If everyone simply bought and sold then financial risk would be relatively limited and mostly related to the currency markets. But derivatives add two types of risk. Firstly you can sell as an opening trade and secondly that you can trade on margin meaning that if you wish you can increase your exposure for the same expense. So if your margin is 10% you could have 10 times as much exposure which is what is meant by gearing. Here is a catch though if you gear up like that then you can be caught out simply by the margin required increasing.
Should such a thing go wrong then it accelerates for the reasons described above. In other words you pay for your greed. An example of this was Nick Leeson of Baring Securities whose enormous bets in Japanese equity derivatives broke not only the company but its owner Barings Bank. Such a large blow-up has another problem which is that other market players figure out what is happening as matters escalate and move prices away from the fund/player in distress.
This is a simple concept of out of the ordinary market moves which is harder like so many things in practice than reality. The mathematics comes around the concept of a standard deviation. Here is the FT definition.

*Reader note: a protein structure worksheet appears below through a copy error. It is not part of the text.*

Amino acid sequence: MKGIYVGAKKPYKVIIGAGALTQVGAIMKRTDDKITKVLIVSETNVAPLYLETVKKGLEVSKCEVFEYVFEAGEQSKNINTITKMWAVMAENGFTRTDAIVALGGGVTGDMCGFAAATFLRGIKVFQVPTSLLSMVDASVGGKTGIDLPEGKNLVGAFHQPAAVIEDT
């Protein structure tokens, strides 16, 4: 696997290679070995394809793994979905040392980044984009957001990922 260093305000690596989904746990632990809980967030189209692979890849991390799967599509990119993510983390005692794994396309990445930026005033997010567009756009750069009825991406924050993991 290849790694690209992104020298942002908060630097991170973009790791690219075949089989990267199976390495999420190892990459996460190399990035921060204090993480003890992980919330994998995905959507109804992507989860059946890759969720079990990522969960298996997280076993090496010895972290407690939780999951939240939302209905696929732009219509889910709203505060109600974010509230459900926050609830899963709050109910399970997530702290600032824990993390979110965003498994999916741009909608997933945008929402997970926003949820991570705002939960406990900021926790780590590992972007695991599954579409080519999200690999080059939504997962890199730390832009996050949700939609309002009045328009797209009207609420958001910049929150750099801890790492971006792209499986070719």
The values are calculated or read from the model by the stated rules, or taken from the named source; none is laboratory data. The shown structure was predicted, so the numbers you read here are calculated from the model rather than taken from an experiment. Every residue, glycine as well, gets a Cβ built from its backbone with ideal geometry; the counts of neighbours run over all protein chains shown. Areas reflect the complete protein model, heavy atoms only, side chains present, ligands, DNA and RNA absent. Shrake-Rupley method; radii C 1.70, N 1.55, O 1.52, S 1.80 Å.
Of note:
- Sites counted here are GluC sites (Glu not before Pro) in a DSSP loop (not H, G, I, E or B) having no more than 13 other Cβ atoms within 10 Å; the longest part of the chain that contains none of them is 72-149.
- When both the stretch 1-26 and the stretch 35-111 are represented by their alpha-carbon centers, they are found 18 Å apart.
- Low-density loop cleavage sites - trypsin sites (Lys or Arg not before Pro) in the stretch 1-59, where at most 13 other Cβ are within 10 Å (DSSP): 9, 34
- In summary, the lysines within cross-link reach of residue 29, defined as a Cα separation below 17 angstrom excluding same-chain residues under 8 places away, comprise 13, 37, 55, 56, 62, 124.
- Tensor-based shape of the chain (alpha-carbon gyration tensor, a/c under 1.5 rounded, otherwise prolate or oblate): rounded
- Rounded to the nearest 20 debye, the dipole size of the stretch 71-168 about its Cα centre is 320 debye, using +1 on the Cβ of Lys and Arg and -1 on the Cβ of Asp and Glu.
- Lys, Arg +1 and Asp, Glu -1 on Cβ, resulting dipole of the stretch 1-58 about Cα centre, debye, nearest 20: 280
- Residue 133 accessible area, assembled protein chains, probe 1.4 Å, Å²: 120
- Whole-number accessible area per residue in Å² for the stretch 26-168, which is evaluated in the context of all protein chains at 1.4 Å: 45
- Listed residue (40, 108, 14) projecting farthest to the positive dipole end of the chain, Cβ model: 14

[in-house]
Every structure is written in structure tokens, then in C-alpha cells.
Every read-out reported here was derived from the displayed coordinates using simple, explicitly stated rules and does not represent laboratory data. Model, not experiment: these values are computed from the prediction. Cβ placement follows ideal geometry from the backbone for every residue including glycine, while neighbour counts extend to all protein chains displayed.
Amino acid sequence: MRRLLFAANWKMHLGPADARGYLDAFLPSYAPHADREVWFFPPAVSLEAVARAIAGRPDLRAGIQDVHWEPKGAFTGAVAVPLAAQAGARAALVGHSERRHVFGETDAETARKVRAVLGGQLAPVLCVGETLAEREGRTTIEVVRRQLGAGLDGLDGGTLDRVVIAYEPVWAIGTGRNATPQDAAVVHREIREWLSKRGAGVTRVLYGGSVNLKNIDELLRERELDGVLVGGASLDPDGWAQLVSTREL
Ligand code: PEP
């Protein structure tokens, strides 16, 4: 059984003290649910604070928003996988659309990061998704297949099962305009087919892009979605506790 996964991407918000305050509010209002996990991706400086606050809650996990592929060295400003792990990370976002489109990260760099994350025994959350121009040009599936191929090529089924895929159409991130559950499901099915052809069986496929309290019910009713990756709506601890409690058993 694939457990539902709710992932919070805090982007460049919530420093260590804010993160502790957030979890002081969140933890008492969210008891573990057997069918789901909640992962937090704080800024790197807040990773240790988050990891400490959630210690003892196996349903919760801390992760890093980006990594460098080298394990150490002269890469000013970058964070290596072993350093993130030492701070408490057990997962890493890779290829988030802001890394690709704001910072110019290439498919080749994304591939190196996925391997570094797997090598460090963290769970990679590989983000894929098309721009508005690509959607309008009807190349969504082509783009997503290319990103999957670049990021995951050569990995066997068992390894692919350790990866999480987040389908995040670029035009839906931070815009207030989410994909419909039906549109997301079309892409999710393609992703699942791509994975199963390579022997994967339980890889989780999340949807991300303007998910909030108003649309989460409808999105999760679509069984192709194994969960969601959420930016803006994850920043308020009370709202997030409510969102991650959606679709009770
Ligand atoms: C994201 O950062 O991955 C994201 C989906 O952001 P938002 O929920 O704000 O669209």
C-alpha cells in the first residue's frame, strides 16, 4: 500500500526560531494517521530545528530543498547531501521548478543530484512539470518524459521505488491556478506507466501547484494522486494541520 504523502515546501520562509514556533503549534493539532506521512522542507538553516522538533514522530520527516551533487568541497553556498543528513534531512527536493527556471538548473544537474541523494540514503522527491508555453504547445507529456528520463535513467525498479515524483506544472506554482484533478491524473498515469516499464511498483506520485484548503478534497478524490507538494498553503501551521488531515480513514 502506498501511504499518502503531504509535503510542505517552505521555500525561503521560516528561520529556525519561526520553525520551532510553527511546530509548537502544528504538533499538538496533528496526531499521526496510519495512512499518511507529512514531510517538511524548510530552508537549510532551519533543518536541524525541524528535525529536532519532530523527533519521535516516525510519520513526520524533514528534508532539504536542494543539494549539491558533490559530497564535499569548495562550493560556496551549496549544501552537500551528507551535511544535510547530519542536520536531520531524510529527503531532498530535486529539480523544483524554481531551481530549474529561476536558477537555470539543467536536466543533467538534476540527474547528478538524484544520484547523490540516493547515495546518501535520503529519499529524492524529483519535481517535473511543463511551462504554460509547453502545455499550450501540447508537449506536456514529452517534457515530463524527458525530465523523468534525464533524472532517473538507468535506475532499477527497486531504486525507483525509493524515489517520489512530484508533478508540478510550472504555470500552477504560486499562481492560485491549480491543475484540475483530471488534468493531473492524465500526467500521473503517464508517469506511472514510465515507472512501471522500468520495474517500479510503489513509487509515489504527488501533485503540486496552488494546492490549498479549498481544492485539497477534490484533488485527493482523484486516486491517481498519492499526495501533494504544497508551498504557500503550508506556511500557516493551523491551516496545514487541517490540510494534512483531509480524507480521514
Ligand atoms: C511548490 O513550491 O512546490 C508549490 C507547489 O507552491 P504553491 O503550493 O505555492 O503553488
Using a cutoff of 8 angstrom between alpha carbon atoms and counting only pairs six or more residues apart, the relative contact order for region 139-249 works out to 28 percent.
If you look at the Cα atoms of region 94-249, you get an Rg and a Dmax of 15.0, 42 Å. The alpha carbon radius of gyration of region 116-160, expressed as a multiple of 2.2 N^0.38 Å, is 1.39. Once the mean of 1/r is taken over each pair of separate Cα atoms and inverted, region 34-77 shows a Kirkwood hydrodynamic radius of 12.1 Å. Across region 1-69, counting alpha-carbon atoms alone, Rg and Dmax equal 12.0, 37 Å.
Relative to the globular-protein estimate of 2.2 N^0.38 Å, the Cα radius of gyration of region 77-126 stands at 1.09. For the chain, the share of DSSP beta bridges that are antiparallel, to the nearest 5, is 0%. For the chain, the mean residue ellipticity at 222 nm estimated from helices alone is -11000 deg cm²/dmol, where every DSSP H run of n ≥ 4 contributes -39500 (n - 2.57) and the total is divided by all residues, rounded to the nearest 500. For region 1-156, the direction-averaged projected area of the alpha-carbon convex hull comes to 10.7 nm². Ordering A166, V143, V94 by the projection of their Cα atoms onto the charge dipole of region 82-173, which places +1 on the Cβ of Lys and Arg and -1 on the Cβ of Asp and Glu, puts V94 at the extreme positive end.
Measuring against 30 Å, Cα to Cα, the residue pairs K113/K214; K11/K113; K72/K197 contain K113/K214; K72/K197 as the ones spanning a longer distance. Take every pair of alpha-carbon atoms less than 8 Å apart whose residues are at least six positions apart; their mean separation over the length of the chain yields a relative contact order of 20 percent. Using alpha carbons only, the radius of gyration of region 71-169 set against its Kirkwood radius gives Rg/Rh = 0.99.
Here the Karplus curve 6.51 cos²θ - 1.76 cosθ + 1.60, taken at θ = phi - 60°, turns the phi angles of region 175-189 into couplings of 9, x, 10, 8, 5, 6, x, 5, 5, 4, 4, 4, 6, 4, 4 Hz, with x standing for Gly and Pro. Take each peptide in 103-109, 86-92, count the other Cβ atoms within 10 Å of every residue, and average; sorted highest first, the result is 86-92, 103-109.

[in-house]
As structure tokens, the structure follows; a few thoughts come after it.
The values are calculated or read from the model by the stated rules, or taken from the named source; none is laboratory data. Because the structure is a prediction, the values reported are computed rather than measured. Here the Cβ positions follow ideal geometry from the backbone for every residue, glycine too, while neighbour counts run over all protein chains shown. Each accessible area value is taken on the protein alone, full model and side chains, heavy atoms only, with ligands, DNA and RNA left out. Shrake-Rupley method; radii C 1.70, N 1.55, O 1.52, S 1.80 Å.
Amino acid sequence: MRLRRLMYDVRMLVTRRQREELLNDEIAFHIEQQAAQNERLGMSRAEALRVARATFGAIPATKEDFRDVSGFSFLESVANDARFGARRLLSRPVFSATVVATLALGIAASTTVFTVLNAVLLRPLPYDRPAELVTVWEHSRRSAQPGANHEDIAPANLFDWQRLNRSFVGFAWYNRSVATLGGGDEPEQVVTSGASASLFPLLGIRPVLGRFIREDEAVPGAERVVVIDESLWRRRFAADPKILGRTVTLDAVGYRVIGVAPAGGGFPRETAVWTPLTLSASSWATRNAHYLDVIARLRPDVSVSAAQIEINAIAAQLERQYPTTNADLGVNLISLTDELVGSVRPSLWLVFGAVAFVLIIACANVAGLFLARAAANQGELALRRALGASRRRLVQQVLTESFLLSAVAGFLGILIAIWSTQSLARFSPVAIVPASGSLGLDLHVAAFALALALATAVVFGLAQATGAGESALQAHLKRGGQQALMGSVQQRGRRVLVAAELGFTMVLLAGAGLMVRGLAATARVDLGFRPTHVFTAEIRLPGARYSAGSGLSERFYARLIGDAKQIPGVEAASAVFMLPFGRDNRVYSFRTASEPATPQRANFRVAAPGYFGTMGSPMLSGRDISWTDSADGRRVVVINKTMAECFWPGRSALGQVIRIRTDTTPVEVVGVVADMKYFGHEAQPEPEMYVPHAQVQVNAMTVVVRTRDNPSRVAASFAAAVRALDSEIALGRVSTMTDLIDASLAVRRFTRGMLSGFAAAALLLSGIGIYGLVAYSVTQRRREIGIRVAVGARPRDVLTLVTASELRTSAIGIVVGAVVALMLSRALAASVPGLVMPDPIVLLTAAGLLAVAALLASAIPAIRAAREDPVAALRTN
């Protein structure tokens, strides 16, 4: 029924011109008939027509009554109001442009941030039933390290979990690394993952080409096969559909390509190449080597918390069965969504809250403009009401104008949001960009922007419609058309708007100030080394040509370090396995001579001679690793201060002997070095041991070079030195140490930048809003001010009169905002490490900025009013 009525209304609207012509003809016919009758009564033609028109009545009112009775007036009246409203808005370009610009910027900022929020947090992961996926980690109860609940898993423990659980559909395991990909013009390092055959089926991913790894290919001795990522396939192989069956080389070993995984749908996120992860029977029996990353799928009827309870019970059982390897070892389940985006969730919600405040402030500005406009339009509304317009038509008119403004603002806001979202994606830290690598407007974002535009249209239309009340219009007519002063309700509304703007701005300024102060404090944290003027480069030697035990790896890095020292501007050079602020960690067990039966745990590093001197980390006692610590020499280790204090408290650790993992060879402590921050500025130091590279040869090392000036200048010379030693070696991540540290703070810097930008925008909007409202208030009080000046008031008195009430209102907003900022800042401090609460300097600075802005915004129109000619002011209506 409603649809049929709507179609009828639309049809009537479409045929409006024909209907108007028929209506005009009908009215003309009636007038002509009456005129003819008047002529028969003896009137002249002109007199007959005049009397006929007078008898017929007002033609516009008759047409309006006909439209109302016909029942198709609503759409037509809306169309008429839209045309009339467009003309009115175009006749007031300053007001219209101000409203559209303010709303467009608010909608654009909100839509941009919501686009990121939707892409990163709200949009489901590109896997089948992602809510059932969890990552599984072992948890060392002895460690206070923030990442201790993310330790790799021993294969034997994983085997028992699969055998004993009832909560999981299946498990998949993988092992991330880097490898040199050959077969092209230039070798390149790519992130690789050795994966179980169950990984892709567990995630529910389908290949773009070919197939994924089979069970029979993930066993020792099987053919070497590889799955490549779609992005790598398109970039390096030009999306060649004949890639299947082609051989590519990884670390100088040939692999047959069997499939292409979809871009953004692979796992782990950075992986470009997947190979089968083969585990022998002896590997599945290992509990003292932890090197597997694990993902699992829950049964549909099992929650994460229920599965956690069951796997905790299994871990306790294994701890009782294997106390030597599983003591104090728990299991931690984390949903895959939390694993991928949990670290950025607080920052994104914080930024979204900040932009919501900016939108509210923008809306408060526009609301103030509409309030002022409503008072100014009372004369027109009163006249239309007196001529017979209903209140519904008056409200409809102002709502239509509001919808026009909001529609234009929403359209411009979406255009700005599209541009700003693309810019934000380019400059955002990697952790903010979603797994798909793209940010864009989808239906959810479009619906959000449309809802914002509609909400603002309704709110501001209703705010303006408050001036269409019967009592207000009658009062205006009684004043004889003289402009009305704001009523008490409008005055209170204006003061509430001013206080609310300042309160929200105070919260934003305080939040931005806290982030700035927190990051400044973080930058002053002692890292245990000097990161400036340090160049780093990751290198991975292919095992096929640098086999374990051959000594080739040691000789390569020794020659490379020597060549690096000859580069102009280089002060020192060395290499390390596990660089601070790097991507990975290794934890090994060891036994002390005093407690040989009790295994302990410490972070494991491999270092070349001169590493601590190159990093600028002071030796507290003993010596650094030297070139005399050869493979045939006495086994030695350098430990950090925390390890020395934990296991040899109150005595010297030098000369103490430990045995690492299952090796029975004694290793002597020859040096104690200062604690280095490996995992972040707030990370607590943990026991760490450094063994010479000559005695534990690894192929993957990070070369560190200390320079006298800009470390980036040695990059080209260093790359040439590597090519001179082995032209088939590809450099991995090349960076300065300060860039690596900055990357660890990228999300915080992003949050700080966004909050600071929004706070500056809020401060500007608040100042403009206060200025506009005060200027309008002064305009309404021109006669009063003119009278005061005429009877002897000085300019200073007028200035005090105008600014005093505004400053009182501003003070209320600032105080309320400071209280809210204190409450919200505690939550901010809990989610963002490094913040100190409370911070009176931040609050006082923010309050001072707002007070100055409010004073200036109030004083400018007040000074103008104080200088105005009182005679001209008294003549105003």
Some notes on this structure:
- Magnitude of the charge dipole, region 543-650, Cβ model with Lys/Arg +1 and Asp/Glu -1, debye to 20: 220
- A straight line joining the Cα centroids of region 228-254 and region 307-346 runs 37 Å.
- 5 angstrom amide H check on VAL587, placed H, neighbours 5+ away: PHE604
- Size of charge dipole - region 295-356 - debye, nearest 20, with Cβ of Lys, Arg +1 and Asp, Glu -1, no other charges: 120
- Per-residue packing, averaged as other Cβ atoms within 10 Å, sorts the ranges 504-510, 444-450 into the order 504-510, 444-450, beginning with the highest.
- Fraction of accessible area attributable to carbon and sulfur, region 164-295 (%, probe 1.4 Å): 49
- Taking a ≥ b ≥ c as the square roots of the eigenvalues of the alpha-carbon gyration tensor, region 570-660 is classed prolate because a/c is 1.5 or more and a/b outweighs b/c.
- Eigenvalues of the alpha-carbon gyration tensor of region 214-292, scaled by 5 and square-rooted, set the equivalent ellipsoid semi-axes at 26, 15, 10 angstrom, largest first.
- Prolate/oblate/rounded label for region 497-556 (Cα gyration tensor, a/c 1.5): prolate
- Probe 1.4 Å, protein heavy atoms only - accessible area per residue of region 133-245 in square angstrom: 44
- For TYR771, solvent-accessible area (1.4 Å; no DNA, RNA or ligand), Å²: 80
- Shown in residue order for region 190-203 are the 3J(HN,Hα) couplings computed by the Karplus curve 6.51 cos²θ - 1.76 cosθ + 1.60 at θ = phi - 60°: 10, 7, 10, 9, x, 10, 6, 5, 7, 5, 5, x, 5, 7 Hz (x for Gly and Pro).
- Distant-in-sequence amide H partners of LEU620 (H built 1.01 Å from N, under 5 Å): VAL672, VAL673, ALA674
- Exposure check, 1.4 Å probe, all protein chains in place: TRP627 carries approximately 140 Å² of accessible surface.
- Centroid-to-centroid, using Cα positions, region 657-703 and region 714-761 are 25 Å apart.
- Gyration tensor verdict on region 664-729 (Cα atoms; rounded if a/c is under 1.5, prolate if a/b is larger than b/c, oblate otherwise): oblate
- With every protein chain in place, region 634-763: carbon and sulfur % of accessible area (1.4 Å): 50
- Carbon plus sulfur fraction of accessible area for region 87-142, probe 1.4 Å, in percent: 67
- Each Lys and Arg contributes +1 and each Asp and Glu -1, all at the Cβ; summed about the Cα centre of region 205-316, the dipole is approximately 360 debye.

In a series of variables, a way of measuring the extent to which any one of those variables approaches the average of that series.
Don’t worry if that does not help. It tries to calculate an idea of dispersion. So things that might look like volatility aren’t really as for example the equity market rallies of last year had a mean you could plot reducing the volatility. The current move generates volatility in essence because a reversal is against the mean especially if it is a sharp one.
The next issue is that we can calculate what volatility was but we do not know what it will be. The two concepts are sadly often merged but volatility from option prices should be called implied volatility as market makers and participants – including me – do not know what it will be. If there has been someone who does know then they have had the good sense to keep very quiet about it!
Here is a real problem which is that it seems safest when nothing is happening. Except of course periods of stability do end and if you let yourself fall prey to that line of thought you will be selling risk just as it is about to blow. So human psychology leads to the temptation to sell risk for the least premium. This is another way how things can go wrong in a leveraged world,
The Vix Index
This is a way of attempting to capture much of what I have described above. Here is the FT Lexicon.
The Vix index is an index of expected future price volatility implied by options contract prices. It is often called a fear index because its value rises when investors are concerned about future volatility.